How is the theme of death portrayed in Antigone and The Outsider?

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Nadezhda Mushkovskaia.  003257-015

How is the theme of death portrayed in “Antigone” and “The Outsider”?

Death is presented to the audience as a form of punishment, in both The Outsider and Antigone. But the protagonists in the two texts develop different attitudes towards death.  Antigone anticipates her own death from the opening scene and faces it bravely, but her confidence wanes after she is sentenced by Creon and she begins to appreciate what she will lose. Meursault, on the other hand, is surprised and horrified when the court decides his punishment, but towards his conclusion of the story he accepts it.

In the opening scene of Antigone, Antigone announces to the audience and her sister Ismene, her determination to bury her brother: “Be as you will; but I will bury him”. According to Creon’s laws, this is a crime to be punished by death, whereas for Antigone, the consequences of not burying her brother are worse than dying. Antigone shows clear awareness of the consequences of disobeying Creon’s edict:  “I knew I must die – how could I not?”, and therefore her confidence makes her an extremely courageous character. By the use of this rhetorical question, Antigone makes it plain that there is no other way. Her reasons for disobeying Creon include pleasing the Gods: “I know that I am pleasing those I should most please”. Antigone defends her actions on behalf of her philos. She explains the importance of pleasing her philos as well as the Gods of the underworld. By the use of word “most” she prioritizes her philos and the Gods above Creon. Antigone does not see herself as a criminal, and emphasizes that it is only Creon who will consider her a criminal. She states that she is “guilty of the crime of holy reverence”. This highlights Antigone’s morality, and at the same time works against Creon in the eyes of the audience. Antigone is initially depicted to have no fear of her own death and this is further demonstrated through her feeling that her death could be to her advantage. She accepts her death with equanimity:”to meet this fate is no pain at all”. Sophocles crafts Antigone’s philosophical reasoning as a way for the audience to admire and agree with her rather than with Creon’s laws. The stichomythia between Creon and Antigone serves to present the opposing views of both characters and their certainty of the righteousness of their actions. Through Antigone’s reasoning, the audience is persuaded that for her, there can be no alternative solution but her death. Sophocles has Antigone reach the conclusion that there will be honor in her death. Antigone firmly decides that her situation offers no alternatives: “for I will suffer nothing as bad as an ignoble death”. It can be therefore deduced that Antigone takes her actions rationally and, initially, meets her death with composure.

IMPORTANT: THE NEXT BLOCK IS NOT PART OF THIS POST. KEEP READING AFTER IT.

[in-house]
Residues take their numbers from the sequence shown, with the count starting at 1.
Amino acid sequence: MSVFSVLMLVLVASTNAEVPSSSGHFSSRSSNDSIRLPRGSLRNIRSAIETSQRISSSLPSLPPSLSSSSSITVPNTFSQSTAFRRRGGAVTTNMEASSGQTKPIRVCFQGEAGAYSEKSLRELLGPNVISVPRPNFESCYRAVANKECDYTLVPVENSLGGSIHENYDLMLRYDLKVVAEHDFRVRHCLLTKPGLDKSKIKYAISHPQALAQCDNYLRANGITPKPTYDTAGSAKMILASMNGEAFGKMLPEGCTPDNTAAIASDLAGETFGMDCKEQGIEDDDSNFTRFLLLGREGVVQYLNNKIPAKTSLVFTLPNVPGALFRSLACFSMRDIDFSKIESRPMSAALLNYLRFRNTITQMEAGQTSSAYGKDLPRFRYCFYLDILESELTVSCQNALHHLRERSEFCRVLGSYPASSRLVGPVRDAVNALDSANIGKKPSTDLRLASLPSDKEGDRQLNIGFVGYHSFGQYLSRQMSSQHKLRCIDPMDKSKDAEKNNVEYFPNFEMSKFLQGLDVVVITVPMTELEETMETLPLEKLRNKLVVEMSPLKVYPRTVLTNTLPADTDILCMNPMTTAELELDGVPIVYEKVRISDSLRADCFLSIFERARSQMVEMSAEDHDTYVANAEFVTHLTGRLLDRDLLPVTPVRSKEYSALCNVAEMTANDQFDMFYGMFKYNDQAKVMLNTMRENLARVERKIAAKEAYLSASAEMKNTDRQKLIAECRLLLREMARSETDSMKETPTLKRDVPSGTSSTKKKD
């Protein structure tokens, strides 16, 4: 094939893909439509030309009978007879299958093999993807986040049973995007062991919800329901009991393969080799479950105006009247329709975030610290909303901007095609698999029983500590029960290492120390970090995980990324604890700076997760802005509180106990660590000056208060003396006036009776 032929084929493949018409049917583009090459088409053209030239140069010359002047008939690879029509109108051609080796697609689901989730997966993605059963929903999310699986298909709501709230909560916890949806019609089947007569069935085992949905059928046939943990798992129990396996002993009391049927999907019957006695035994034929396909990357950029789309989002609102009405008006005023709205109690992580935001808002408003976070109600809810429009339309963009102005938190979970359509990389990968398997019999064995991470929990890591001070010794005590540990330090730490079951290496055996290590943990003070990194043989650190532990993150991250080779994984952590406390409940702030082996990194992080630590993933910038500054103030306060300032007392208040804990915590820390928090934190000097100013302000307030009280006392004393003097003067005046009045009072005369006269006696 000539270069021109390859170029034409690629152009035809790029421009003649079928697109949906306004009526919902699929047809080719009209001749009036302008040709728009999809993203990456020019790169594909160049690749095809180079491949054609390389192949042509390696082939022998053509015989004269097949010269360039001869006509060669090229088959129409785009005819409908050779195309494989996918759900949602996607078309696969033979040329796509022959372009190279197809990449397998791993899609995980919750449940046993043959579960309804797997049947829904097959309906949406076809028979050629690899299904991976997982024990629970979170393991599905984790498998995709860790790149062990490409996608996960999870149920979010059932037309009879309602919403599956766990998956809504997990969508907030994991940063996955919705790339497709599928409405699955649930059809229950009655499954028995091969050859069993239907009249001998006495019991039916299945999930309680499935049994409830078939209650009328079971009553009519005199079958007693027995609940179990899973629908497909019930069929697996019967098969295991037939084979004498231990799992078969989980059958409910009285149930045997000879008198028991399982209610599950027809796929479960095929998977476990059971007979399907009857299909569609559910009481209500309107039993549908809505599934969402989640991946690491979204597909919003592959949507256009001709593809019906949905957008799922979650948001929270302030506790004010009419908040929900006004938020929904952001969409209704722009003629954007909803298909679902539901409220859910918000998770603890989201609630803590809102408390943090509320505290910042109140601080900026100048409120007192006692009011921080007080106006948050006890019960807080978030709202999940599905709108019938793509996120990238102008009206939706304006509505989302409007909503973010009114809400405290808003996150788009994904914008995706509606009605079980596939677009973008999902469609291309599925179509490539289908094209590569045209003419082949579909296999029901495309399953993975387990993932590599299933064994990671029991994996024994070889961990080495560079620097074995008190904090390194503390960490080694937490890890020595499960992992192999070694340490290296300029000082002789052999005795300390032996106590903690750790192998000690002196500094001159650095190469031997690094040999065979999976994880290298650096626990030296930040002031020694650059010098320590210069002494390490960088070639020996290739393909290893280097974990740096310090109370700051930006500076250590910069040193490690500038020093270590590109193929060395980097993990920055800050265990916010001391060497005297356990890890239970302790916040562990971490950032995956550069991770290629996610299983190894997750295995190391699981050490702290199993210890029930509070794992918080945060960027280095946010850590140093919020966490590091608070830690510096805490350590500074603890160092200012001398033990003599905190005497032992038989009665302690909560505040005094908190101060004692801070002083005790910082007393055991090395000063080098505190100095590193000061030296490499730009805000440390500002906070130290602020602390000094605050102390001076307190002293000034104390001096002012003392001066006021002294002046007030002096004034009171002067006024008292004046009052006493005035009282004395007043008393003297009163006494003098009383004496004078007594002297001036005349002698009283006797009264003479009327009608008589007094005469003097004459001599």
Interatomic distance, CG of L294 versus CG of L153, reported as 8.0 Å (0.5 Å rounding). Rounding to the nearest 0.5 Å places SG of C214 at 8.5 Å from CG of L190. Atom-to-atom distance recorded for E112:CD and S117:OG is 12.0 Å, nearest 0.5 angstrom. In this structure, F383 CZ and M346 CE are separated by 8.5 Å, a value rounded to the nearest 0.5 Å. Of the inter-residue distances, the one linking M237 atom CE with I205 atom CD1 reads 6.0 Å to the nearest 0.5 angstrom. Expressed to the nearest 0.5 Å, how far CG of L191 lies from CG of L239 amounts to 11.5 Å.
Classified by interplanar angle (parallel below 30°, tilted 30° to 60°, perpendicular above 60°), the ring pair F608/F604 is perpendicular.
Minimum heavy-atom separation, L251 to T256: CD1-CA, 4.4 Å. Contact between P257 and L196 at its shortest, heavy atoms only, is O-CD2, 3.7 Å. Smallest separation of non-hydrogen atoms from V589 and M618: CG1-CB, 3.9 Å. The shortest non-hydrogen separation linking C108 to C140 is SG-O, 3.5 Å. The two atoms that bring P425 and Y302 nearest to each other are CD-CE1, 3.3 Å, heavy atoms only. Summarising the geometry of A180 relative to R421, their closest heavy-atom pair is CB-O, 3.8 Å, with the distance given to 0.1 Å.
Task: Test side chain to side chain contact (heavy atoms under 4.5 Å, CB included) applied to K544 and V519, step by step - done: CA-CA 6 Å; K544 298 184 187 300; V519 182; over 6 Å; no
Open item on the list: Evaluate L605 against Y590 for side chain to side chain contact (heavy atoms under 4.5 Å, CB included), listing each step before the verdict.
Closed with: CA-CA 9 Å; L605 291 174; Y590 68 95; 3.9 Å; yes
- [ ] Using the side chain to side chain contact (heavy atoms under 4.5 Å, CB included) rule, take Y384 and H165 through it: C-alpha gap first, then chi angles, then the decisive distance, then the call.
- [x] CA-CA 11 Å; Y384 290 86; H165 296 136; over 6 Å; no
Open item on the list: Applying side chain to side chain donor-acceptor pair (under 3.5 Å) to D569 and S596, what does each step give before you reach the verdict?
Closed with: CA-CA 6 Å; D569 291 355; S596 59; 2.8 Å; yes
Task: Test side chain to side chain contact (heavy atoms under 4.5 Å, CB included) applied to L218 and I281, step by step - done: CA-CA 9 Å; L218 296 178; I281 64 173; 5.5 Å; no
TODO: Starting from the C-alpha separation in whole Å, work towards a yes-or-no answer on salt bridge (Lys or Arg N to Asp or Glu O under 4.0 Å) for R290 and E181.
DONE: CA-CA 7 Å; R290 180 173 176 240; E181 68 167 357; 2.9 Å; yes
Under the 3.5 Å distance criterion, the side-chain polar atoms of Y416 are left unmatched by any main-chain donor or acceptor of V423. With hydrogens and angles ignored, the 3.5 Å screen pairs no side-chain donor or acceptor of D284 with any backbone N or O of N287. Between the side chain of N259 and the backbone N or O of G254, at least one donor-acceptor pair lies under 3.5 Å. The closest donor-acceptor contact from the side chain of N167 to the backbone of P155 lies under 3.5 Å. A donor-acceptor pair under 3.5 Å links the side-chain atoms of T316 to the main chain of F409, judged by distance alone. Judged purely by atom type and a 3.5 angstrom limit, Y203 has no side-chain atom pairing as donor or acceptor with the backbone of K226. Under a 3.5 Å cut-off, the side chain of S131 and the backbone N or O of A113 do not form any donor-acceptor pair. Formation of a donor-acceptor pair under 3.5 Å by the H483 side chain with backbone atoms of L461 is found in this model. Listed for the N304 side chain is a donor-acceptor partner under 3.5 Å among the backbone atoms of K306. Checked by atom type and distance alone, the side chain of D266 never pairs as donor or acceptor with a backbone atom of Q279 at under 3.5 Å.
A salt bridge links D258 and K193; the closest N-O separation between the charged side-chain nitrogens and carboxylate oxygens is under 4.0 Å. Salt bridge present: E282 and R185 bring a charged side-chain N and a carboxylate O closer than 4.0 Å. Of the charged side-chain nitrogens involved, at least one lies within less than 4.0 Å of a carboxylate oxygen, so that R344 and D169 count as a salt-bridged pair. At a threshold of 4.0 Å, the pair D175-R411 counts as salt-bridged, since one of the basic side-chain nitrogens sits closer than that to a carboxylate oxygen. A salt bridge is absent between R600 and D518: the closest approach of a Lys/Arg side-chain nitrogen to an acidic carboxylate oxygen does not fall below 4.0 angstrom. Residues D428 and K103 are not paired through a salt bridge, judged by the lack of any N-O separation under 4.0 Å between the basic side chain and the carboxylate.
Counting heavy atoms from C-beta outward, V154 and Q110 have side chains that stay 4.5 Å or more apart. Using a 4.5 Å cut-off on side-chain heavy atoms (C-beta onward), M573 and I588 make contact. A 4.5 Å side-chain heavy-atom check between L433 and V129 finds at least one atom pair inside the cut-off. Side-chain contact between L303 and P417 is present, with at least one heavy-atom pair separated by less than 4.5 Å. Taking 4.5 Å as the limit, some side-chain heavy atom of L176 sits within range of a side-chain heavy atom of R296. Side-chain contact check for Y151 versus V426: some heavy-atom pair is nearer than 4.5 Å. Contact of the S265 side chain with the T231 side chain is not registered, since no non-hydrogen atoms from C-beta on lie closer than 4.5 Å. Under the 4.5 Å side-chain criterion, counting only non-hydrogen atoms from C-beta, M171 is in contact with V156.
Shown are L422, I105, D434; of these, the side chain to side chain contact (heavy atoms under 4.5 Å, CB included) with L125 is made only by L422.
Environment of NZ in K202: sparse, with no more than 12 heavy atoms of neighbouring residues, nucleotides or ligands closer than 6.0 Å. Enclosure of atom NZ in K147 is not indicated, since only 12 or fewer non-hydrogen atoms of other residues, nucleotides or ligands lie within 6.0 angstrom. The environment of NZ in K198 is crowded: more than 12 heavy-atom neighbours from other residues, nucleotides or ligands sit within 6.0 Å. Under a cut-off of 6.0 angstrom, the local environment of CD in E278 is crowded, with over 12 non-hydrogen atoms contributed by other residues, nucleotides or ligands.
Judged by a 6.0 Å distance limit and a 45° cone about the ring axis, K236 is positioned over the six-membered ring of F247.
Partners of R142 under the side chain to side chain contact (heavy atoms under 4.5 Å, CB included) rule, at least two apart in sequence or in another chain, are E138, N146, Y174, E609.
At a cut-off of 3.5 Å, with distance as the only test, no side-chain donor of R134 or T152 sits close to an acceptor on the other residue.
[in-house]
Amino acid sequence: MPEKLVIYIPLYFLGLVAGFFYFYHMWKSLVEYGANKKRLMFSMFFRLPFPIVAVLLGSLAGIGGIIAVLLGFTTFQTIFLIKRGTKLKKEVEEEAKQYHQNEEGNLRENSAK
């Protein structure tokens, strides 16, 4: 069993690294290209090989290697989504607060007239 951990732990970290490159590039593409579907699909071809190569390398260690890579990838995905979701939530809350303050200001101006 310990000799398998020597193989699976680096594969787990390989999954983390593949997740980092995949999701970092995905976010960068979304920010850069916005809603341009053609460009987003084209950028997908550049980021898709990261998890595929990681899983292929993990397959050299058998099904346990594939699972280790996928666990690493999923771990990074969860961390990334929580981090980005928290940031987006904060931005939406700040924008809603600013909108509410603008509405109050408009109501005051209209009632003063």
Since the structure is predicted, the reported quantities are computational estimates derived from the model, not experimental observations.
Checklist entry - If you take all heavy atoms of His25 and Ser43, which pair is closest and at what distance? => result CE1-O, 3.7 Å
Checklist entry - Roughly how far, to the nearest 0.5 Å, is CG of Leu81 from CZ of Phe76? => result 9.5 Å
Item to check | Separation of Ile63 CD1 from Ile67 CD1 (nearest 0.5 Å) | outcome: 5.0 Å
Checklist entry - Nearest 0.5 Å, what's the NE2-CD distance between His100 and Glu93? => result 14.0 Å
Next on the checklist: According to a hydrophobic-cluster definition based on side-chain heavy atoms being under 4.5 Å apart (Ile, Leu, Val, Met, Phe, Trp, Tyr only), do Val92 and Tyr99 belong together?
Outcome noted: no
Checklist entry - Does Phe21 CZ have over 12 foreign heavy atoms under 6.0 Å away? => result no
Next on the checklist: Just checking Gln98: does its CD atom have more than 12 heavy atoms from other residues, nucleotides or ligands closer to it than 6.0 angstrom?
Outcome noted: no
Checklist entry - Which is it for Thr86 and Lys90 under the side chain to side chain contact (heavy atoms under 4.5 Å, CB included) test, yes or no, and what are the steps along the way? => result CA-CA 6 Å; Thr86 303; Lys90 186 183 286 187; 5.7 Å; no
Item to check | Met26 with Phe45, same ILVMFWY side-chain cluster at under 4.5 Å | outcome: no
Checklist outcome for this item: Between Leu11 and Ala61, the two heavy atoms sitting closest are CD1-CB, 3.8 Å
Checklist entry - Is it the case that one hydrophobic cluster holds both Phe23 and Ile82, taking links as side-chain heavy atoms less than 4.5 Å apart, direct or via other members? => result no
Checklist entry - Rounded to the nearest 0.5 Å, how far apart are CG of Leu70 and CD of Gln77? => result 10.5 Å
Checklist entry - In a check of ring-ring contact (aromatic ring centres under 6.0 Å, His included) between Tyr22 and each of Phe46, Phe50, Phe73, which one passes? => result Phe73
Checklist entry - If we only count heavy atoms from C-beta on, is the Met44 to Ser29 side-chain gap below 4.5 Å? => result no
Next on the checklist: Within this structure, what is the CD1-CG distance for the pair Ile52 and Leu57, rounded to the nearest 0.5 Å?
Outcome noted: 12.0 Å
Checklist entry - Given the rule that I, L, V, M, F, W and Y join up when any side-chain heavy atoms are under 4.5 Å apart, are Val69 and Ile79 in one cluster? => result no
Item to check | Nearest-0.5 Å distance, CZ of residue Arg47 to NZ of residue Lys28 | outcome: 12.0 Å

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Unlike Antigone, who knowingly chooses to do actions that will inevitably lead to her own death and then faces it with self-control and pride, neither Meursault nor his lawyer anticipate that Meursault’s punishment could be death. Meursault is therefore taken unawares by his death sentence and at first reacts in a shocked manner. In contrast to Antigone, Meursault goes to jail for the murder of an Arab. Meursault does not regret his crime, nor does he sympathize with his victim. He regards his crime in a manner that seems divorced from any thought of the consequences of his actions. During ...

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